Carry-on baggage guidelines shrink but airline passengers are told there's 'no need to worry'

Cabin OK's smaller guidelines will not stop airlines from setting their own higher limits

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The Independent Travel

Air passengers may rest assured after last week’s announcement that air lines would see carry-on bags shrink, that the new guidelines are only an "optimum" size.

Cabin Ok, a new initiative launched by the International Air Transport Association (IATA) last week, aims to improve the accommodation of carry-on bags suggesting a new, smaller luggage size of 55 cm by 35 cm by 20 cm.

Passengers with the correct size luggage would be issued with an “IATA Cabin OK” logo signifying to airline staff that their bags meet the agreed guidelines and would then be free to board the plane without risk of their bags being put into the cargo hold. 

The new guidelines are significantly smaller than those used currently by airlines. These include easyJet and British Airways which stipulate dimensions of 56cm by 45cm by 25cm, Virgin who allow 56 cm by 36 cm by 23 cm and even Ryanair which restricts passengers to 55 cm by 40 cm by 20 cm.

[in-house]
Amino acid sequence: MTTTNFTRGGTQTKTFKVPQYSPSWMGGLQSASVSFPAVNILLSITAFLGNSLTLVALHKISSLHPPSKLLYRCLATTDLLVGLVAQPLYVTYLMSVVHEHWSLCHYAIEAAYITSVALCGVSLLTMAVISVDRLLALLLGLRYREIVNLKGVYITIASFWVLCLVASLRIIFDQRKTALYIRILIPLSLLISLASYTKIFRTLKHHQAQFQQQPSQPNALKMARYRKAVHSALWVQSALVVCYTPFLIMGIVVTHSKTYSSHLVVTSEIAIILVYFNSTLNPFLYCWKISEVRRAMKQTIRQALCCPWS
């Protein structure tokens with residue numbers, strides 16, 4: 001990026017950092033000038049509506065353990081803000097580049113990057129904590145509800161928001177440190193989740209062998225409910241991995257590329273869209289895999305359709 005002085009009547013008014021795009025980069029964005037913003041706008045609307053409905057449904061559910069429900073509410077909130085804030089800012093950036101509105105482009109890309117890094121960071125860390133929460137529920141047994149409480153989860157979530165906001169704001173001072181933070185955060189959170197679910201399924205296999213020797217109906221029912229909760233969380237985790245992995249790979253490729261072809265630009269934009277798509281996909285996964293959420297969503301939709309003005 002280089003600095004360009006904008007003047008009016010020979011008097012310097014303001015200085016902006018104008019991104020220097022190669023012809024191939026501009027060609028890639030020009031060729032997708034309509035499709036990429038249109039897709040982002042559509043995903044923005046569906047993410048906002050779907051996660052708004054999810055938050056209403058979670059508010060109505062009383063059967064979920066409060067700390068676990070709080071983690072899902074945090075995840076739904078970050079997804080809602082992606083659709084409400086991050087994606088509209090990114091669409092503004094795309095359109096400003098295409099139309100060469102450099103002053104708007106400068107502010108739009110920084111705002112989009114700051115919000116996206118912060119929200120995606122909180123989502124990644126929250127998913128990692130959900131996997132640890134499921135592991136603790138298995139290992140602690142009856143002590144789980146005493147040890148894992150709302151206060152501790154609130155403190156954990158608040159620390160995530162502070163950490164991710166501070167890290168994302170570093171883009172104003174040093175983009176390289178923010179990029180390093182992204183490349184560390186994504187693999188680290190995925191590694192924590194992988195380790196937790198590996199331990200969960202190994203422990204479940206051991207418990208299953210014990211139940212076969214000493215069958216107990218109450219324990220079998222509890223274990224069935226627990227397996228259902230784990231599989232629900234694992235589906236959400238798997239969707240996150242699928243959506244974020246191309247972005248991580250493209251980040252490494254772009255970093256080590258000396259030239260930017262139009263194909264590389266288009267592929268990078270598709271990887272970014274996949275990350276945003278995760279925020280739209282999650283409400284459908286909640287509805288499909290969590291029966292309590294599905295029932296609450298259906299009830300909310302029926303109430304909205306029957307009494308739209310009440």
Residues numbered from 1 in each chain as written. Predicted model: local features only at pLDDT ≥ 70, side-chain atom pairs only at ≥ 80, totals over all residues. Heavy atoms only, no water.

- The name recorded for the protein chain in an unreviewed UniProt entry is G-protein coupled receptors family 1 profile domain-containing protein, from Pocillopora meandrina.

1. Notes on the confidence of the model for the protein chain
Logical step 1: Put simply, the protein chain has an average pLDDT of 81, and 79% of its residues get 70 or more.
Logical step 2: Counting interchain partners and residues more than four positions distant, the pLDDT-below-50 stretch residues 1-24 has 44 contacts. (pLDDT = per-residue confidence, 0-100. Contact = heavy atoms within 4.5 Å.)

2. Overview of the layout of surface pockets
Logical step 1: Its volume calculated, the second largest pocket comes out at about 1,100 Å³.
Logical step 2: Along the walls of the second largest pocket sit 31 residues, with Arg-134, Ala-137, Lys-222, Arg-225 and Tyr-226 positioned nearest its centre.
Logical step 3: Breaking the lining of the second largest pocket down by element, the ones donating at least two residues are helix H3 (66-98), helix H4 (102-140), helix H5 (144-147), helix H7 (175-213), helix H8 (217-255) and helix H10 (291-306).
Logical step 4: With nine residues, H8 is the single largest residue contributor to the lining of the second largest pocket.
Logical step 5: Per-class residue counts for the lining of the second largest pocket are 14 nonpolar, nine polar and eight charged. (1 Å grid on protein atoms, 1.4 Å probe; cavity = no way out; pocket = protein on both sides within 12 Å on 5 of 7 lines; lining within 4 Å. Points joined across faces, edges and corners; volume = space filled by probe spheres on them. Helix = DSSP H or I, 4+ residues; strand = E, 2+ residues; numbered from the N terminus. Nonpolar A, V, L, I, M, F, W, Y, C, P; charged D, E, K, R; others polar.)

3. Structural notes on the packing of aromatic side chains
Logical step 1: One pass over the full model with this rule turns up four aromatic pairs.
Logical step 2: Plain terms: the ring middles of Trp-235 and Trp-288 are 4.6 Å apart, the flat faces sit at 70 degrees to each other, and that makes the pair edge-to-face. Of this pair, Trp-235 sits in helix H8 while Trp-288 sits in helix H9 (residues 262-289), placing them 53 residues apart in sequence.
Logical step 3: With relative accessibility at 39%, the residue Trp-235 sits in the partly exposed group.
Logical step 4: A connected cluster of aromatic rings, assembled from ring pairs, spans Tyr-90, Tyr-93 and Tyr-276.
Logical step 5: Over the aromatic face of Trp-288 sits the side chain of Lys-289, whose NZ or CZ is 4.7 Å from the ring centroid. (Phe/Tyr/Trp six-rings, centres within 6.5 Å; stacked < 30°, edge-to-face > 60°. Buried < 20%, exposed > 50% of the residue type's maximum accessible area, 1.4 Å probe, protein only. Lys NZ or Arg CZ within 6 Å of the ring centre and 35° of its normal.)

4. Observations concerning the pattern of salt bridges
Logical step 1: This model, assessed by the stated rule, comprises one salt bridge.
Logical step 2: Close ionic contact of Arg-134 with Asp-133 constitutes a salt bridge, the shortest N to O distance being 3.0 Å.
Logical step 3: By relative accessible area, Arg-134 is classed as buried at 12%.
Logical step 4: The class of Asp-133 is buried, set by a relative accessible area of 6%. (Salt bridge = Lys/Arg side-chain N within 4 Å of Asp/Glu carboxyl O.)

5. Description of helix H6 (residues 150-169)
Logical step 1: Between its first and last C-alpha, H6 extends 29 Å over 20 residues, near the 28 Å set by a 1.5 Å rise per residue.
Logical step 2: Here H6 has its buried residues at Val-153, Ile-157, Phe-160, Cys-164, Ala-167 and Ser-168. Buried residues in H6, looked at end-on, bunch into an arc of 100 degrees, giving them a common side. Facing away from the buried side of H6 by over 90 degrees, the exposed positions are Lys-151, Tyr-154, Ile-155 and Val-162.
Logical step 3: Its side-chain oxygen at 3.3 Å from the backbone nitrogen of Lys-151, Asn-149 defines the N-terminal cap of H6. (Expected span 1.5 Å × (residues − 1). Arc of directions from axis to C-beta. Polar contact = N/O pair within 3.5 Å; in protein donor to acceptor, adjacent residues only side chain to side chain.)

After objections from passengers, however, the IATA have issued a clarifying statement saying that the proposed restrictions are not a maximum but an “optimum” size and that airlines will still be allowed to set their own larger limits.

In the statement, Thomas Windmuller, a senior vice president at I.A.T.A, said: “For passengers traveling with bags that don’t have the Cabin OK logo, there’s no need to worry. If it was accepted for travel before, it will be acceptable for travel now, but with the same uncertainty that if the flight is full it may eventually have to travel in the hold.”

Despite this news nine airlines have already agreed to join the scheme including Emirates, Qatar and Lufthans as well as Brazil's Azul, Avianca, Cathay Pacific Airways, China Eastern, China Southern and Caribbean Airlines.

EasyJet may also take part in the scheme saying in a recent statement: “This is a smaller bag than we currently allow on board, but there is no doubt that an overall standard across all airlines would help customers.”

The IATA expects further airlines to join the initiative over the next few months. 

The IATA developed the Cabin OK scheme in an effort to tackle the lack of overhead storage space available to passengers as air traveller numbers increase. The IATA say the guidelines will provide passengers with a greater assurance that their carry-on bags will travel with them in the aircraft cabin, even when the flight is full.

Windmuller said: “If you have a Cabin OK bag, you can be pretty sure that you are within the maximum carry-on limits of airlines around the world. If you are traveling on an airline participating in the program, you will have the best chance that your bag will be with you in the cabin even on a full flight.”